Our third day in Alaska was July 4th, which happens to be Independence Day. Alaskans apparently know how to celebrate! There were American Flags everywhere you looked, fireworks, fairs, races, and everything in between. I’ll admit that I was a little surprised by this, considering they’ve only been a state since 1959.
It just blew my mind to think about that. I guess I’ve always taken my statehood for granted because I’ve always lived in one of the thirteen original colonies. There are people alive who remember when Alaska was a state. When I voiced this mind blowing discovery, Daniel reminded me that there are people alive who voted for (or against!) Alaska to become a state.
I guess it’s just one of those things that you don’t think will ever change, like Pluto being a planet. As easily as that changed, we could have 51 states instead of 50. I just lack the ability to fully explain how amazed I am by this. I really am too easily amused!
Before this weird rant becomes a novel, I’ll tell you how we ended up celebrating Independence Day!
We headed into Seward to check out The Alaska SeaLife Center. It was a nice little aquarium, but I was definitely underwhelmed. Living so close to Adventure Aquarium has definitely spoiled me. Adventure Aquarium doesn’t have an Alaskan Seabird Room, though. It’s basically a room with a pool. The birds fly/swim/walk around, and you can get pretty close. They have people watching so you don’t touch the birds, but they’re close enough that, if you were allowed, you could!
As soon as I pulled out my camera, this adorable little puffin came out. He was like a model. Every time he heard my shutter click, he’d change positions. Daniel had to pull me away from him while explaining that no one needed 50+ photos of one puffin.
They also had a touch exhibit, lots of art, sea lions, seals, a seating area to watch the puffins (and other birds) dive underwater, and the cutest baby stingray to ever exist.
I think we spent about two hours in there before heading out. Across the street was this AMAZING whale mural. It reminds me of the whale mural in Philly.
Seward is such a cute, artsy town. There are murals everywhere, and the houses are all amazing, too!
I was also pretty excited when we drove by Mile Marker 0 of the Iditarod Trail. I made Daniel stop the car for some photos. I won’t post them all, but I basically made everyone stand with everyone else, in ever possible combination, under this sign. Yeah.
Sewardians also know how to celebrate. For the 4th, they had a parade and street fair centered around their annual Mt. Marathon Race. It’s a 5km run up and down a mountain. When I say up a mountain, I mean 3000+ above sea level. According to the Wikipedia article I linked, the average pace up the mountain is 2 mph. It’s a pretty steep and treacherous course.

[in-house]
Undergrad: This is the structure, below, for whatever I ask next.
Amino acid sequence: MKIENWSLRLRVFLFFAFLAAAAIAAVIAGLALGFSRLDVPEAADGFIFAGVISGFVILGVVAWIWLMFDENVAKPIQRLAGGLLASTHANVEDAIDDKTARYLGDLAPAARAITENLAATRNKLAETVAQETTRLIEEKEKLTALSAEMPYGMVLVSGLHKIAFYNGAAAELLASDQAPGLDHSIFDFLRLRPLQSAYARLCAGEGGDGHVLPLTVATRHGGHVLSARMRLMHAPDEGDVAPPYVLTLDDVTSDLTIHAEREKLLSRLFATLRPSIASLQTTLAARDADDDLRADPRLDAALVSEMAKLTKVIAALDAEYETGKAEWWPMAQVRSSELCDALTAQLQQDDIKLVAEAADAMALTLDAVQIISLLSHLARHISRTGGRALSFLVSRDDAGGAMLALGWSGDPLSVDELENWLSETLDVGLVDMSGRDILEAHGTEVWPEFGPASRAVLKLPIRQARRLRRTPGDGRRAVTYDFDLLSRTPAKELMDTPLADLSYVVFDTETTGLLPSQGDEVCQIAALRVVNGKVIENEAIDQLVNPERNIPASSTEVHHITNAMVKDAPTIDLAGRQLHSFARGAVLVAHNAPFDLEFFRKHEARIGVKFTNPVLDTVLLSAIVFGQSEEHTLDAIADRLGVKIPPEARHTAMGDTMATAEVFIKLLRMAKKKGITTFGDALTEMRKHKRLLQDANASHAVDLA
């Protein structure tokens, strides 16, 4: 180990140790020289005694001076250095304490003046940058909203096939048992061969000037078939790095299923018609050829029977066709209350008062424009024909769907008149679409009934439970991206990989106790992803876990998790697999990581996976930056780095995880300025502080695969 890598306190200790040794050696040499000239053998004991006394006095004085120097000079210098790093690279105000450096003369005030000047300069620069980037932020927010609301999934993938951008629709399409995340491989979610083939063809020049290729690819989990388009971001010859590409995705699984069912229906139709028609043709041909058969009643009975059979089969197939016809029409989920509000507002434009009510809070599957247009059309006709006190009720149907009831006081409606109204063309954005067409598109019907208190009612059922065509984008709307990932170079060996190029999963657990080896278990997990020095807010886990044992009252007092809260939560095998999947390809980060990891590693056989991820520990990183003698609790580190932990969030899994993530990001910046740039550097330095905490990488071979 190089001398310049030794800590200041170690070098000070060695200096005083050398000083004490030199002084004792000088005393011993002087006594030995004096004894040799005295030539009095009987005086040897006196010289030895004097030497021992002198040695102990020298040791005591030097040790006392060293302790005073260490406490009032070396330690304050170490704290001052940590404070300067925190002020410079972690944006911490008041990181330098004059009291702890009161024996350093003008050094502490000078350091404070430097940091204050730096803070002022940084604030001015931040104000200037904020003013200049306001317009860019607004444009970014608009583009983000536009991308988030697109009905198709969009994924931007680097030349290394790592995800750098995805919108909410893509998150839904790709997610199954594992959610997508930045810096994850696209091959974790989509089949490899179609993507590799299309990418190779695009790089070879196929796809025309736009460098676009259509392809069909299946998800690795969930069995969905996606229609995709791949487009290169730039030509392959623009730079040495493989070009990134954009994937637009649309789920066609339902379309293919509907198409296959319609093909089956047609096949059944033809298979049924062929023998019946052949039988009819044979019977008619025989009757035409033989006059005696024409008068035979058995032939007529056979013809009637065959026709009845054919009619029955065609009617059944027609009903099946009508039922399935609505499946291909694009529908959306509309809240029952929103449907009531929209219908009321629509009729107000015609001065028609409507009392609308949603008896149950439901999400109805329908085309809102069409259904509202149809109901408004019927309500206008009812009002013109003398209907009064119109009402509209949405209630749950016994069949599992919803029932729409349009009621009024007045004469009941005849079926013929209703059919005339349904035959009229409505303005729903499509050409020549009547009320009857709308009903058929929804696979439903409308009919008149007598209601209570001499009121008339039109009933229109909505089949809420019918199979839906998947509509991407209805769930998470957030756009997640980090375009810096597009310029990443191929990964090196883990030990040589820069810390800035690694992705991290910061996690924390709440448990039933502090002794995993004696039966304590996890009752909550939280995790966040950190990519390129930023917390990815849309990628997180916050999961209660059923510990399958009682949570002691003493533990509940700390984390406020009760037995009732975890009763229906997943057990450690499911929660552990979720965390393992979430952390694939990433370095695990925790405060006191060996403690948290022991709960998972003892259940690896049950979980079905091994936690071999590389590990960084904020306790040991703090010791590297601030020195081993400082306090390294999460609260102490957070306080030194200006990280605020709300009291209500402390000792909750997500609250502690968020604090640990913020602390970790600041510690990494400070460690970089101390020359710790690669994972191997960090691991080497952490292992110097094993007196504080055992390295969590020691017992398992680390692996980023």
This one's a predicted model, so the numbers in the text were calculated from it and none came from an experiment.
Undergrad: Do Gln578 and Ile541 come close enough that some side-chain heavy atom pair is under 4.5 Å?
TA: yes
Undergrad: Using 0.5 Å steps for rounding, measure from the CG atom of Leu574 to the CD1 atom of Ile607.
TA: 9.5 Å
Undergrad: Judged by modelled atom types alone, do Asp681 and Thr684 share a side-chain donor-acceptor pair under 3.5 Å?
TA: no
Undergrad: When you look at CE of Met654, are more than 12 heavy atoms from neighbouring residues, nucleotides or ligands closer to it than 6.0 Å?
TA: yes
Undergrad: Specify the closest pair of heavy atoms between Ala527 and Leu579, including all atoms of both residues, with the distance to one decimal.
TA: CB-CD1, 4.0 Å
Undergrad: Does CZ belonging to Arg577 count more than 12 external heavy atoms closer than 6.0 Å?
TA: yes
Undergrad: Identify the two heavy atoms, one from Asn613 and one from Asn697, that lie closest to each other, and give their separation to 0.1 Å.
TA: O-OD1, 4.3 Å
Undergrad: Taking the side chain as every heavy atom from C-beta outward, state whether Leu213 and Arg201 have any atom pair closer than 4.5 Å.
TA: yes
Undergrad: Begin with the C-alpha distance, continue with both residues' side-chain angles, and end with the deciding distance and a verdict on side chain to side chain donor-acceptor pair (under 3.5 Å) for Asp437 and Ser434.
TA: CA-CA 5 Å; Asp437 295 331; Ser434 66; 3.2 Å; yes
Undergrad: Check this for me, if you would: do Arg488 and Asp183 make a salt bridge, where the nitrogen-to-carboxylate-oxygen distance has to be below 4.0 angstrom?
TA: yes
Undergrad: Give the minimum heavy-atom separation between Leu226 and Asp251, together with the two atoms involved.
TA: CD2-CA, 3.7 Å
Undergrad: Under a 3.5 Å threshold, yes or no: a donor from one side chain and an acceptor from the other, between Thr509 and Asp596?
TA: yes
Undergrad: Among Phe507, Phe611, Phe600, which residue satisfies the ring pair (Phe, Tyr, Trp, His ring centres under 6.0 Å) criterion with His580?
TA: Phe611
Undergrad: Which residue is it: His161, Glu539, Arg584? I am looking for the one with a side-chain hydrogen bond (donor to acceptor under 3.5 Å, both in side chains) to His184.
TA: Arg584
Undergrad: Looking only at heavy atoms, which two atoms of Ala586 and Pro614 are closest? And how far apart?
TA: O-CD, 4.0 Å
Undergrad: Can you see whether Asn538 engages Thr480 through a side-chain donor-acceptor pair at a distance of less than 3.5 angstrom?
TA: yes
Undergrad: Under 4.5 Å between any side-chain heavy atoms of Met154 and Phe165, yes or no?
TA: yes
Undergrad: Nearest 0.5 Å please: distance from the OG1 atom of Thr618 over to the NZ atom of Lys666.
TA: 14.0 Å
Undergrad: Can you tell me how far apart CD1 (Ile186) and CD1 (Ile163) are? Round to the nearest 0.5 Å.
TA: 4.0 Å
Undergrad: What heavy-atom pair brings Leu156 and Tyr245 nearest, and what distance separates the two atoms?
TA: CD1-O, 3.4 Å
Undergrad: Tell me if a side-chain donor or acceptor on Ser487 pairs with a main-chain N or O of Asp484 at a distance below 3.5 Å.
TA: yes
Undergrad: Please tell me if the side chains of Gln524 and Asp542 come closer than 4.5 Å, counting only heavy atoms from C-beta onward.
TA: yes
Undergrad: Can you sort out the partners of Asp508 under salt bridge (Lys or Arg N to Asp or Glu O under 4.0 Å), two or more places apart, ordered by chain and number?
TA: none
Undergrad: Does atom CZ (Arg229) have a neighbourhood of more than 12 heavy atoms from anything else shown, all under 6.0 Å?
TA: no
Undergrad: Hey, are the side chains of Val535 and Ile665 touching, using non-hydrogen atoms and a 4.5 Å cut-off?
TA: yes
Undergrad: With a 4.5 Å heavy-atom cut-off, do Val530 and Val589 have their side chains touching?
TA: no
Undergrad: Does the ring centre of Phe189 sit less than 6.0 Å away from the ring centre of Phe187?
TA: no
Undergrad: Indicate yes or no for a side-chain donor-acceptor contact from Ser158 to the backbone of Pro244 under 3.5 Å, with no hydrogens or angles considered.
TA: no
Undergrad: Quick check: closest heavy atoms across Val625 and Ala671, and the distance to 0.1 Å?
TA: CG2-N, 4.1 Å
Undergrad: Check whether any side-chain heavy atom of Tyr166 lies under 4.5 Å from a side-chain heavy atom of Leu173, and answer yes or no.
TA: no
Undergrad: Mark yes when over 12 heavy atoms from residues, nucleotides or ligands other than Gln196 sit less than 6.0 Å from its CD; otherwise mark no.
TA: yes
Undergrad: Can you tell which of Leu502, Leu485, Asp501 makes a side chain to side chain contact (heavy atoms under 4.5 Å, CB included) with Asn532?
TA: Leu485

The first run took place in 1908. According to the boat captain from Day 2 who may have been named Steve, every day two men had to climb to the top of the mountain to check for incoming ships. They challenged each other to run up and back in under an hour. Neither of them did it, but others have over the years.
It had been raining since before we arrived in Alaska two days before this. Needless to say the trail was EXTRA muddy. The participants were covered! I thought it looked like a lot of fun, but apparently it’s very, very hard to get a spot in the run.
After walking around the street fair for a while, we headed to check out Exit Glacier. What a weird name, right? Well, it received it’s name because it served as the exit for the first recorded crossing of the Harding Icefield…. which is basically a huge field of snow and ice that gives birth to glaciers. As we drove up to the park, we could tell why it made such a great exit.
It’s the only glacier accessible by car in the area. We parked and were right next to the glacier within 15 minutes.
I was disappointed that we couldn’t get close enough to touch it, but it was still pretty amazing! Apparently you can get up close and personal with the toe when the water levels are low. Keeping my fingers crossed, we walked the trail down to the outwash plain. The water was too high, though. We did find a few chunks of glacier floating down the stream, though!
It was a pretty amazing experience! The rain had started up at this point, so we called it an early night. We made plans for a pretty awesome adventure the next morning while we played cards and drank Alaskan beer.
This day added one thing to my list of reasons to go back to Alaska. I want to touch a glacier… and, well, I’d like to hike on one, too.